Olfaction is the primary sense used by most animals to detect environmental cues and generate adaptive behaviors, including obtaining food and avoiding predators. A large family of olfactory receptors (ORs) support the detection and discrimination of a wide variety of odorants in the environment. In mice, these ORs are encoded by a gene family containing more than one thousand members. Each mature olfactory sensory neuron (OSN) stochastically expresses one OR, which defines the tuning properties of individual OSNs. While each OR detects a unique subset of odorants, all ORs signal through common second messenger pathways, suggesting that OSN response properties are exclusively determined by which OR is expressed by each OSN. However, OSNs expressing different ORs also differentially express a handful of axon guidance molecules during development, suggesting that OSNs might express genes (in addition to the OR) that distinguish different OSN populations. However, outside of these developmental differences (and the small number of adult differentially-expressed genes known to be associated with dorsal or ventral identity), it is unclear if there are more pervasive difference in gene expression that distinguish mature OSNs and that might influence the functional responses of OSNs to odorants. To address this question, we recently performed single cell RNA- sequencing of more than 50,000 mature OSNs. We observed extensive differences in gene expression across OSNs expressing different ORs, which affected the levels of more than one thousand genes. Strikingly, we found that all the OSNs expressing a given OR were transcriptionally similar to each other and distinguishable from cells expressing other ORs, allowing us to accurately predict which OR (out of 1,000) a given OSN expressed based upon each cell's particular pattern of gene expression. Furthermore, preliminary data suggests that neural activity downstream of each receptor may elicit systematic changes in gene expression. Combined, these results suggest that each OR is associated with a stereotyped OR-specific gene expression program, and that this gene expression program reflects (at least in part) the activity of each OR.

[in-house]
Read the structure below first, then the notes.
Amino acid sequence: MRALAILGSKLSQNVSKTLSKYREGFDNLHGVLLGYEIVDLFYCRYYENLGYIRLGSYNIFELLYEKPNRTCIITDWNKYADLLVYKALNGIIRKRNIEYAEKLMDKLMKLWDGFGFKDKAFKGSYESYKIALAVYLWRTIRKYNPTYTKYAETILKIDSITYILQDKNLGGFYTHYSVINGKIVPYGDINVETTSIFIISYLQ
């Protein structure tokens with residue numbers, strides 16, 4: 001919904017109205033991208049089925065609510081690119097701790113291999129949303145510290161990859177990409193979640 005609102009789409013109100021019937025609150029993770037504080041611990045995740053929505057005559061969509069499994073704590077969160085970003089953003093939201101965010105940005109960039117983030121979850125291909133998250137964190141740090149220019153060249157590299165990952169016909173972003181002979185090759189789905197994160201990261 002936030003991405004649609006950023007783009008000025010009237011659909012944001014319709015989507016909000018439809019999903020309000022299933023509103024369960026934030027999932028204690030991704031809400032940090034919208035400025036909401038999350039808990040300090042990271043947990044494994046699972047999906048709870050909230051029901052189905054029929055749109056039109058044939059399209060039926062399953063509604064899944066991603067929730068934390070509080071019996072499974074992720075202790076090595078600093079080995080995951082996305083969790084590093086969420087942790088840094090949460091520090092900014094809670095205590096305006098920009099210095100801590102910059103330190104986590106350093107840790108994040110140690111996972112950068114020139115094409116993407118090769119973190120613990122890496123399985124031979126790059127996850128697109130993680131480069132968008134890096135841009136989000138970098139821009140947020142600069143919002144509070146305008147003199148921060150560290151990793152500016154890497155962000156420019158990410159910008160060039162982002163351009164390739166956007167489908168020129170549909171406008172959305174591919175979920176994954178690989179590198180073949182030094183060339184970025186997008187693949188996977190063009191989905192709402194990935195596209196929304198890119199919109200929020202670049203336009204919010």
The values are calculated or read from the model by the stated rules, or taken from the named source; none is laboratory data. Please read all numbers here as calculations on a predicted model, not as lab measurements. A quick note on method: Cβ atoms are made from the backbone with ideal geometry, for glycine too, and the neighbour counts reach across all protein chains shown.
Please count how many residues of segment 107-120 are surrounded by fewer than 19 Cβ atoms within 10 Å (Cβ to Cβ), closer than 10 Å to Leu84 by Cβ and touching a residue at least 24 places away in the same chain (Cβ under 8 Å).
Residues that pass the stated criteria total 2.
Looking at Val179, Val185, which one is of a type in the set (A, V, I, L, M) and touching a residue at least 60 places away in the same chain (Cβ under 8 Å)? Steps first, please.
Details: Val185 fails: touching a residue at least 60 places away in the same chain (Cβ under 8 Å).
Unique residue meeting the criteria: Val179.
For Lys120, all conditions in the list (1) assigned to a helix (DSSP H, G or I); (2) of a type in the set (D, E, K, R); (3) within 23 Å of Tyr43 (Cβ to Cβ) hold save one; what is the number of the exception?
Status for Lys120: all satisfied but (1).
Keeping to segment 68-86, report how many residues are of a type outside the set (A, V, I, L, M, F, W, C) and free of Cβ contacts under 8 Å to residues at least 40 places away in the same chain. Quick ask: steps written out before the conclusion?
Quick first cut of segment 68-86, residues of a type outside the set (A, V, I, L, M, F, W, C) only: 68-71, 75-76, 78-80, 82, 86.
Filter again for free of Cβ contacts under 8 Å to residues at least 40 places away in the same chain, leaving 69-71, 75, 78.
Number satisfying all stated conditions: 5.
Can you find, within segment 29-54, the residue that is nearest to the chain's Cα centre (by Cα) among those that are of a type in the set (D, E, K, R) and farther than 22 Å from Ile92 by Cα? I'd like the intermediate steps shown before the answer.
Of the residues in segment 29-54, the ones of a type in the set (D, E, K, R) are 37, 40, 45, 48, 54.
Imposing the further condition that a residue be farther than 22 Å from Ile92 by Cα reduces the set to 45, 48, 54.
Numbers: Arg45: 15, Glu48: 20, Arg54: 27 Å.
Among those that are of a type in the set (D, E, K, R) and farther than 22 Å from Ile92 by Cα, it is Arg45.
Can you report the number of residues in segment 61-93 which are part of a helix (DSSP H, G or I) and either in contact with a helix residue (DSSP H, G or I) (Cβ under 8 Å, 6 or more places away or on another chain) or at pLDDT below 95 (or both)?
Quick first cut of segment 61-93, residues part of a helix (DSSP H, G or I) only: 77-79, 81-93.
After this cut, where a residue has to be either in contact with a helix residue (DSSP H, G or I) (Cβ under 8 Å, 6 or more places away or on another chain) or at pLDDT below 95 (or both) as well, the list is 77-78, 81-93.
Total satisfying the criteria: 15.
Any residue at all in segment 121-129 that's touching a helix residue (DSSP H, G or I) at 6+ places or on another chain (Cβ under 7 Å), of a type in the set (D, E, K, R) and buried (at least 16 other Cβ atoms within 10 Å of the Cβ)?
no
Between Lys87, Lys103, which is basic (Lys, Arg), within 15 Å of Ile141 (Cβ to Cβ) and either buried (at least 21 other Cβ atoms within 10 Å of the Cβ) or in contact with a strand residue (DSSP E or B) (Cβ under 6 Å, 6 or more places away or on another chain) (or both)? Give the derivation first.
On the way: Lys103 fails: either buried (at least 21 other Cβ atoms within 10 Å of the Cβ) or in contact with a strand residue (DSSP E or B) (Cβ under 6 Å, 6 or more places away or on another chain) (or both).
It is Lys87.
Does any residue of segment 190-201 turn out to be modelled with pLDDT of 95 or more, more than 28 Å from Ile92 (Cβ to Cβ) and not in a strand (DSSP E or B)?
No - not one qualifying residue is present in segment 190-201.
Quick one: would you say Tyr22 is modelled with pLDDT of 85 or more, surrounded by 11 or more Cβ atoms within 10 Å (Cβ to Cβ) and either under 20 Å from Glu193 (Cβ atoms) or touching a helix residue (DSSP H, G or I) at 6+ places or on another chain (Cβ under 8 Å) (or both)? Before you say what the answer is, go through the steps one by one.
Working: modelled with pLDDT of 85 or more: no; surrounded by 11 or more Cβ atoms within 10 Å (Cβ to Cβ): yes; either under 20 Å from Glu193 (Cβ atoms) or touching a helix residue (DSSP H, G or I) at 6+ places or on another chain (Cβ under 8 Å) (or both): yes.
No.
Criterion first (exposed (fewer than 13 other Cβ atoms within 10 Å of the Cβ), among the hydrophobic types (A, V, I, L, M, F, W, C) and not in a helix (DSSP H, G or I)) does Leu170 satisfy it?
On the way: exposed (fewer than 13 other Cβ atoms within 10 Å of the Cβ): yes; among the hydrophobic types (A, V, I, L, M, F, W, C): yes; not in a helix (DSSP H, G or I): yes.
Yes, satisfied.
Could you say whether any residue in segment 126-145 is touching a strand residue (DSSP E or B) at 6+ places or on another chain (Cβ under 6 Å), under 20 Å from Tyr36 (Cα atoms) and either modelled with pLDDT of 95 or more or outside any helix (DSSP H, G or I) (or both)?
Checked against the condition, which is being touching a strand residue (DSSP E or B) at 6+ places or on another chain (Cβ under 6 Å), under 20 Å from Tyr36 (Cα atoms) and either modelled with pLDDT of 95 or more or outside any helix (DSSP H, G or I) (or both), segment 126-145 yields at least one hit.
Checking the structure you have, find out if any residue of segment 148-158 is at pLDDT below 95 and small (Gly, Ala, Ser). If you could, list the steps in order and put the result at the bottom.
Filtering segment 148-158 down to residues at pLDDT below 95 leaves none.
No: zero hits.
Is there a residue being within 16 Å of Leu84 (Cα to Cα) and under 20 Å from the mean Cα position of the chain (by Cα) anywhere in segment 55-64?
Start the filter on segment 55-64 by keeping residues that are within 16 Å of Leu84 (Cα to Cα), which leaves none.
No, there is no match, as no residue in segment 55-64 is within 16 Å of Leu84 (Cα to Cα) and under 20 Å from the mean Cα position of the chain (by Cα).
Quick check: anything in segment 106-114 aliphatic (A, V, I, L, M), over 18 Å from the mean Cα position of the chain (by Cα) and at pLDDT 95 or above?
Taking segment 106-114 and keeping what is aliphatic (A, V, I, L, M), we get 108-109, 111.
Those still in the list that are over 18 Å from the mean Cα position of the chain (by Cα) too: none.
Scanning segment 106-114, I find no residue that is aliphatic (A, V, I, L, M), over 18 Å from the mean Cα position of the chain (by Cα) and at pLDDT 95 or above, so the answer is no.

We aim to study the establishment, maintenance, and functional consequences of this diversity in gene expression patterns across OSNs.
In Aim 1, we will investigate how ORs influence their associated gene expression programs by manipulating OR activity and ectopically expressing ORs at different stages of OSN differentiation.
In Aim 2, we will take advantage our ability to use gene expression as a surrogate for neural activity to query how odorants with neutral and innate behavioral relevance are detected in vivo by the complete array of ORs. Taken together, my proposed research will provide insight into how ORs shape gene expression patterns in OSNs and how these patterns influence functional responses to odorants. By surveying gene expression differences and changes across the entire repertoire of ORs, these experiments will reveal core principles of the relationships between ORs, neuronal activity, and sensory processing of odor stimuli.
Humans and other animals use olfaction, the sense of smell, to perform a number of essential behaviors, including detecting food and avoiding predators. This work aims to understand how olfactory receptors influence gene expression patterns in the olfactory sensory neurons in which they are expressed. We will also survey functional responses to odorants at scale and thus improve our understanding of the sensory processing of behaviorally-relevant stimuli.